While potential "conflict of interest" issues often arise because of married clients getting a divorce, other types of "splits" that may involve a dispute among shareholders, LLC members, partners and beneficiaries also present potential conflict-of-interest situations. The latter scenario many times is more complex than a divorce because it involves more people, some of whom the firm may represent individually while also representing the entity. CPAs must ensure that they comply with the AICPA's Code of Professional Conduct ("Code") for addressing Conflicts of Interest [ET 1.110.010].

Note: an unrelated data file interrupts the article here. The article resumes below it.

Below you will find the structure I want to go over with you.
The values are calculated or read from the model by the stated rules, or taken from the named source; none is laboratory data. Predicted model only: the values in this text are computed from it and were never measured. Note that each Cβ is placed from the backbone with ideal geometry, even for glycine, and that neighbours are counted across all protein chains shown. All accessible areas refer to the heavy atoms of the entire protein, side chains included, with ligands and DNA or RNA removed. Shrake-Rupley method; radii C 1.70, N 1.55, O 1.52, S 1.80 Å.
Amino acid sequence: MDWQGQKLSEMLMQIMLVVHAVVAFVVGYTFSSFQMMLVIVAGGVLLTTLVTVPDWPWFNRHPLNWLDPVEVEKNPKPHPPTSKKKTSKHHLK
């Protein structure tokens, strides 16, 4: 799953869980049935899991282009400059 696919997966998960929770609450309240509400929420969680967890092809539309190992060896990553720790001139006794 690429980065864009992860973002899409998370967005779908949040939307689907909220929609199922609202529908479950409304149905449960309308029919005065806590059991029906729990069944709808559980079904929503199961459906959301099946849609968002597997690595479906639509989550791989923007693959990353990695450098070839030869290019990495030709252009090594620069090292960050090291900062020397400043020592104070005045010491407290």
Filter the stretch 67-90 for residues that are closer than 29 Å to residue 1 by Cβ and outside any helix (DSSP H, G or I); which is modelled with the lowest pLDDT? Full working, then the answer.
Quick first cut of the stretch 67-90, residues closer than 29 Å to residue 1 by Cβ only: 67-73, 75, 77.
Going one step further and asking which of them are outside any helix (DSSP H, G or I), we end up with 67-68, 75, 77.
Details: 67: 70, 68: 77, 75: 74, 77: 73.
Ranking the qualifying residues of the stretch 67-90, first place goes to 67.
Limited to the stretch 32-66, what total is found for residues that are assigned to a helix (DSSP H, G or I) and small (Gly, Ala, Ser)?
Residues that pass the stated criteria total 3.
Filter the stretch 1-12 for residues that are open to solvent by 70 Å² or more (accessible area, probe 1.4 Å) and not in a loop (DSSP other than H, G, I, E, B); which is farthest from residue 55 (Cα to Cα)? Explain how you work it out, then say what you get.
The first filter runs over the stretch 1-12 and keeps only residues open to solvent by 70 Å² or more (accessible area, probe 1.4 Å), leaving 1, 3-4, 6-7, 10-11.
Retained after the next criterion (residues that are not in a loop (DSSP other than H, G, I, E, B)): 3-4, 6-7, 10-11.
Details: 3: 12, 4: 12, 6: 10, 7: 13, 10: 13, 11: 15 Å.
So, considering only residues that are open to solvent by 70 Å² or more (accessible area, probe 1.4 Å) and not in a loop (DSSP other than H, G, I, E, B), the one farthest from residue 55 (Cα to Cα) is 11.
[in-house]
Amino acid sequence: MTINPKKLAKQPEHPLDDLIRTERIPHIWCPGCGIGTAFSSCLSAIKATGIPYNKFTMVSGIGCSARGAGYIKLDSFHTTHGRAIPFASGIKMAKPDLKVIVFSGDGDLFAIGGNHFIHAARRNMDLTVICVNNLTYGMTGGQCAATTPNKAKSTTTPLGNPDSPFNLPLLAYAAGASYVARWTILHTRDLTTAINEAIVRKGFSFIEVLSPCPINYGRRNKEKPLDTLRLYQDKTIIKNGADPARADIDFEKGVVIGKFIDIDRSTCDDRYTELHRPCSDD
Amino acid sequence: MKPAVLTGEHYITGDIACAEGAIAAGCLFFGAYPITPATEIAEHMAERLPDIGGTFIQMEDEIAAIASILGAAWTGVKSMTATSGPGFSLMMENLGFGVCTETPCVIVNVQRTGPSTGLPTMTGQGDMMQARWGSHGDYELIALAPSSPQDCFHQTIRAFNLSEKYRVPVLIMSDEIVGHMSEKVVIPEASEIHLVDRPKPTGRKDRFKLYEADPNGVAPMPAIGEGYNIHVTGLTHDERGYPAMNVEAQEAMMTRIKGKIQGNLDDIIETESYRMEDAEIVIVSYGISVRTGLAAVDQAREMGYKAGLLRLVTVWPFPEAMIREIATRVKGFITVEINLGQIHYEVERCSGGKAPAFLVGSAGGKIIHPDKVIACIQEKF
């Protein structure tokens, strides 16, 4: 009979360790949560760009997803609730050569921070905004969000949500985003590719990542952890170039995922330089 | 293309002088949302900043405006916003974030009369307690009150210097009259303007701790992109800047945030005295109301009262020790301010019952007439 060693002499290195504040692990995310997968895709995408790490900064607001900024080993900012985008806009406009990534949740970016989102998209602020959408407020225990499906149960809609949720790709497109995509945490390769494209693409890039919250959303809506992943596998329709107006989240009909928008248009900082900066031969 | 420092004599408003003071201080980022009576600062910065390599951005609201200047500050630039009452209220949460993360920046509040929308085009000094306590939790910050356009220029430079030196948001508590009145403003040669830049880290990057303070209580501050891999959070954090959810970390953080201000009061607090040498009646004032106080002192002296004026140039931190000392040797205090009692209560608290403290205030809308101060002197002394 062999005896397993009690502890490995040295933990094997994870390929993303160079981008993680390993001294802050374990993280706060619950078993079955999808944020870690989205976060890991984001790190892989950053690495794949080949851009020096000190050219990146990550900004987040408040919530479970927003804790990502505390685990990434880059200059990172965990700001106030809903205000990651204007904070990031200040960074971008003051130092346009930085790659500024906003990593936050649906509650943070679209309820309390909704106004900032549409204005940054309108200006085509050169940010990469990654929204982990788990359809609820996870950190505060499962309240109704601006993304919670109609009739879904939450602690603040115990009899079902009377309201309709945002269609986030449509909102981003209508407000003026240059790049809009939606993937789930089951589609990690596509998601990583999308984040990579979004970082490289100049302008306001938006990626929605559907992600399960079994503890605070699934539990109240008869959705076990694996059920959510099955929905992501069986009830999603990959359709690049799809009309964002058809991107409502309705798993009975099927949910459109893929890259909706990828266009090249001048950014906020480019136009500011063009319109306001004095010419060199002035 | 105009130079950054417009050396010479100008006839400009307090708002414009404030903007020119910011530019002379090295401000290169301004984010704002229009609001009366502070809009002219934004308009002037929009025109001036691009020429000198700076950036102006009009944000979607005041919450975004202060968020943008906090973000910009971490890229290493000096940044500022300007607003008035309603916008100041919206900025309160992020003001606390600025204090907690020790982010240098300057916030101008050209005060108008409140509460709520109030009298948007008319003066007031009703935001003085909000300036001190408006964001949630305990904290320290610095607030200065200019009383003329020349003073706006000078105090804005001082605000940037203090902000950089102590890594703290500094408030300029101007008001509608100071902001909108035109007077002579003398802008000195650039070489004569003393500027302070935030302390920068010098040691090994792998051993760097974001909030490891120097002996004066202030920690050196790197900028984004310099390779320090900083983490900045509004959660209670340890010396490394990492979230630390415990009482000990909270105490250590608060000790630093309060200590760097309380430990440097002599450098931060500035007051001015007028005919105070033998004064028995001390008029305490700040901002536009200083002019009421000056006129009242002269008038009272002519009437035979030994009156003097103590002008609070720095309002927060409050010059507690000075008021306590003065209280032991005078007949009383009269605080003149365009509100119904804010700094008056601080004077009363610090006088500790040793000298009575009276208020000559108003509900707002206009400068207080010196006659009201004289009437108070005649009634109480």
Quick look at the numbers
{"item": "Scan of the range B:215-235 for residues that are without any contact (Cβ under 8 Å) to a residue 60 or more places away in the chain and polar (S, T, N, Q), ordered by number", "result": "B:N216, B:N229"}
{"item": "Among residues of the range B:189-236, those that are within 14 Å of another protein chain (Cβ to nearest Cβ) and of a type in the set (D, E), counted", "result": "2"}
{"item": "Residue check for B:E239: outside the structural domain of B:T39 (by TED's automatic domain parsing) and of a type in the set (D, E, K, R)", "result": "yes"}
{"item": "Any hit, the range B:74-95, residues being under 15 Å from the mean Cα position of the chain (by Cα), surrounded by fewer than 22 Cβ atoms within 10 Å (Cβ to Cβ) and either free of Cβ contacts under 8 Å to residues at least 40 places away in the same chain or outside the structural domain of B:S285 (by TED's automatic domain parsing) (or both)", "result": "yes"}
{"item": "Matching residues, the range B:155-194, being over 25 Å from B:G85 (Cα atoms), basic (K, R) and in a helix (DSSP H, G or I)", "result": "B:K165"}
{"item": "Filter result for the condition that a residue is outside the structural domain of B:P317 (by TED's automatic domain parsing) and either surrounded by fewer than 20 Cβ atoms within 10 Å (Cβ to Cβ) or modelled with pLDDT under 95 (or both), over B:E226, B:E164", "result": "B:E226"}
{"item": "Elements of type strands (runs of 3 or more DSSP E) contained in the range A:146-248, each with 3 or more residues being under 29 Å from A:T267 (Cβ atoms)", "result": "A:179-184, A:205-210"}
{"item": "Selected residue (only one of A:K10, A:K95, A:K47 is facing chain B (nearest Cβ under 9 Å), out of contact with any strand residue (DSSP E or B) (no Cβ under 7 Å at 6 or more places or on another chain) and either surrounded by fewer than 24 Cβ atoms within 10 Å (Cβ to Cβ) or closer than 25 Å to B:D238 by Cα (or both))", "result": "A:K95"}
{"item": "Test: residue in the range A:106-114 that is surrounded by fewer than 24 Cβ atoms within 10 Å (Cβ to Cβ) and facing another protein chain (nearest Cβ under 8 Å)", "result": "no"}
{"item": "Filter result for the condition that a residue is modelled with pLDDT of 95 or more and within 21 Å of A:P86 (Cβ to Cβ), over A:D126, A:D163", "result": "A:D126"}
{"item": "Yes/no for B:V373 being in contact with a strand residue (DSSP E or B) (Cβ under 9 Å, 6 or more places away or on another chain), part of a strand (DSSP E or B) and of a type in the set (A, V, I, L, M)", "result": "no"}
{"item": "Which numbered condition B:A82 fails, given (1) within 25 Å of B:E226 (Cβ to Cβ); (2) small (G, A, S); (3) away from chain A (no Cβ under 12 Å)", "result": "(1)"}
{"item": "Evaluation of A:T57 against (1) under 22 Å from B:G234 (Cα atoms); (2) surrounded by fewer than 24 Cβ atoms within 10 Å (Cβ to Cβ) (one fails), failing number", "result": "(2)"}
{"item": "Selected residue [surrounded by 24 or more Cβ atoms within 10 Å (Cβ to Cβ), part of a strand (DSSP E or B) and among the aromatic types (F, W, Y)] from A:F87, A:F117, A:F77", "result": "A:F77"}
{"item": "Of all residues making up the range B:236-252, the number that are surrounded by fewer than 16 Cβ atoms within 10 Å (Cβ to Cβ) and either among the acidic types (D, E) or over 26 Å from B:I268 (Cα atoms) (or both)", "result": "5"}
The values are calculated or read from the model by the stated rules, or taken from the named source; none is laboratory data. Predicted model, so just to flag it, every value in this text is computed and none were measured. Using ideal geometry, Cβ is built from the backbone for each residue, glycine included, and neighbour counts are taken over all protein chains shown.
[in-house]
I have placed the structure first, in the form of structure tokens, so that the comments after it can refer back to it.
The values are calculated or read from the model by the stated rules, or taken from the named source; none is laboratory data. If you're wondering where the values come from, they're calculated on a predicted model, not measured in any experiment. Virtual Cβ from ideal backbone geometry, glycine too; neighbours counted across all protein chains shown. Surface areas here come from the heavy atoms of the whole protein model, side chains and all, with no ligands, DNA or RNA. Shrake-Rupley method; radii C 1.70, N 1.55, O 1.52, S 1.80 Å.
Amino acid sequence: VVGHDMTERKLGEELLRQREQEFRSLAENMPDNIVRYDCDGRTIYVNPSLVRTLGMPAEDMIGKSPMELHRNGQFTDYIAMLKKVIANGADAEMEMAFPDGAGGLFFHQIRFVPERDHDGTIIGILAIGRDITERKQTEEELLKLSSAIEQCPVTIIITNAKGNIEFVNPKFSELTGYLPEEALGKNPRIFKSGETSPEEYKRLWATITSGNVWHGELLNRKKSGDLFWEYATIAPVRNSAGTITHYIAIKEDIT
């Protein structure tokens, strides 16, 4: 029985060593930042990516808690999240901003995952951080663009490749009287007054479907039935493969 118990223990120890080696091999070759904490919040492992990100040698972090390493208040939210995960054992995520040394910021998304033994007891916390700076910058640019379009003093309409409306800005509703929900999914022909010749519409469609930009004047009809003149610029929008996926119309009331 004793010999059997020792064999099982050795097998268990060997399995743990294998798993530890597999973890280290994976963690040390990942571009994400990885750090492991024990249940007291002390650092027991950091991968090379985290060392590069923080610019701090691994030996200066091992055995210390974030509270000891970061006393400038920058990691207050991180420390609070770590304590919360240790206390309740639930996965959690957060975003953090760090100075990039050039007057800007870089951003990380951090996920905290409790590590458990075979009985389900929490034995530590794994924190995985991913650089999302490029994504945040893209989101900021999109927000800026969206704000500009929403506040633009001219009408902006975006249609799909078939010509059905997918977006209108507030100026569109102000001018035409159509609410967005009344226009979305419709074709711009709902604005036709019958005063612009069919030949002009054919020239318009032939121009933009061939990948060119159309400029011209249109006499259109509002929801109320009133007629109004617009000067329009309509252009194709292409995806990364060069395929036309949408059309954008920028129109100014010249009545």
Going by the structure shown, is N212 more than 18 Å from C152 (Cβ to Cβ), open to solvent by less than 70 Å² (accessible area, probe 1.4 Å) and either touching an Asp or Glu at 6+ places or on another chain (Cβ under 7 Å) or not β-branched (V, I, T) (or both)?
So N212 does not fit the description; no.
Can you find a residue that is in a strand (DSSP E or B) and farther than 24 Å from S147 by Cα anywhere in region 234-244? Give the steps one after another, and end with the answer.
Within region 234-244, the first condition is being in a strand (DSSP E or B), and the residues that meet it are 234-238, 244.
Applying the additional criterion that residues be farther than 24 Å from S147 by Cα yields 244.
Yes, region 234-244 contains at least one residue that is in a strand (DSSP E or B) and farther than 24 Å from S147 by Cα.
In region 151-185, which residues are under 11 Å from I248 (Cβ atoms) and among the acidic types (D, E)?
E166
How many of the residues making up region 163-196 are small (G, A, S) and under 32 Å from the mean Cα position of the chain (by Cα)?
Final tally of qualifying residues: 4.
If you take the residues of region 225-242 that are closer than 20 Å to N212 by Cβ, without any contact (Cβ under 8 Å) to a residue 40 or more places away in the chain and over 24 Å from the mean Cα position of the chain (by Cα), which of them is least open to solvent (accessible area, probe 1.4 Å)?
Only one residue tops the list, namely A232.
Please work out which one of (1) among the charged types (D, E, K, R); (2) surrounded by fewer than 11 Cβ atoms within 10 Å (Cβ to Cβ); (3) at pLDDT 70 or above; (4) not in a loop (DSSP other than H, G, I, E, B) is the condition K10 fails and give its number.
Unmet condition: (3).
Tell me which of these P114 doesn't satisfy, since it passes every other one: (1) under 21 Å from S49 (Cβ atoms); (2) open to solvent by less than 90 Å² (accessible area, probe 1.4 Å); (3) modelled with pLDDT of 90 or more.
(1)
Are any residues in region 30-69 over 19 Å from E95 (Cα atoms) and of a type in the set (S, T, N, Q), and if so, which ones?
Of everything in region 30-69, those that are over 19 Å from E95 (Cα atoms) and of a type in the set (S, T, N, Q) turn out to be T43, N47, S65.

Some CPAs believe that they will never be sued and therefore believe they do not need professional liability or other forms of insurance. The reasons for this position vary, but some common ones include, "I don't make mistakes," "All of my clients are friends," or "I do tax work only." The problem with this approach is that it is not effective risk management and could put even the most cautious CPA firm at risk.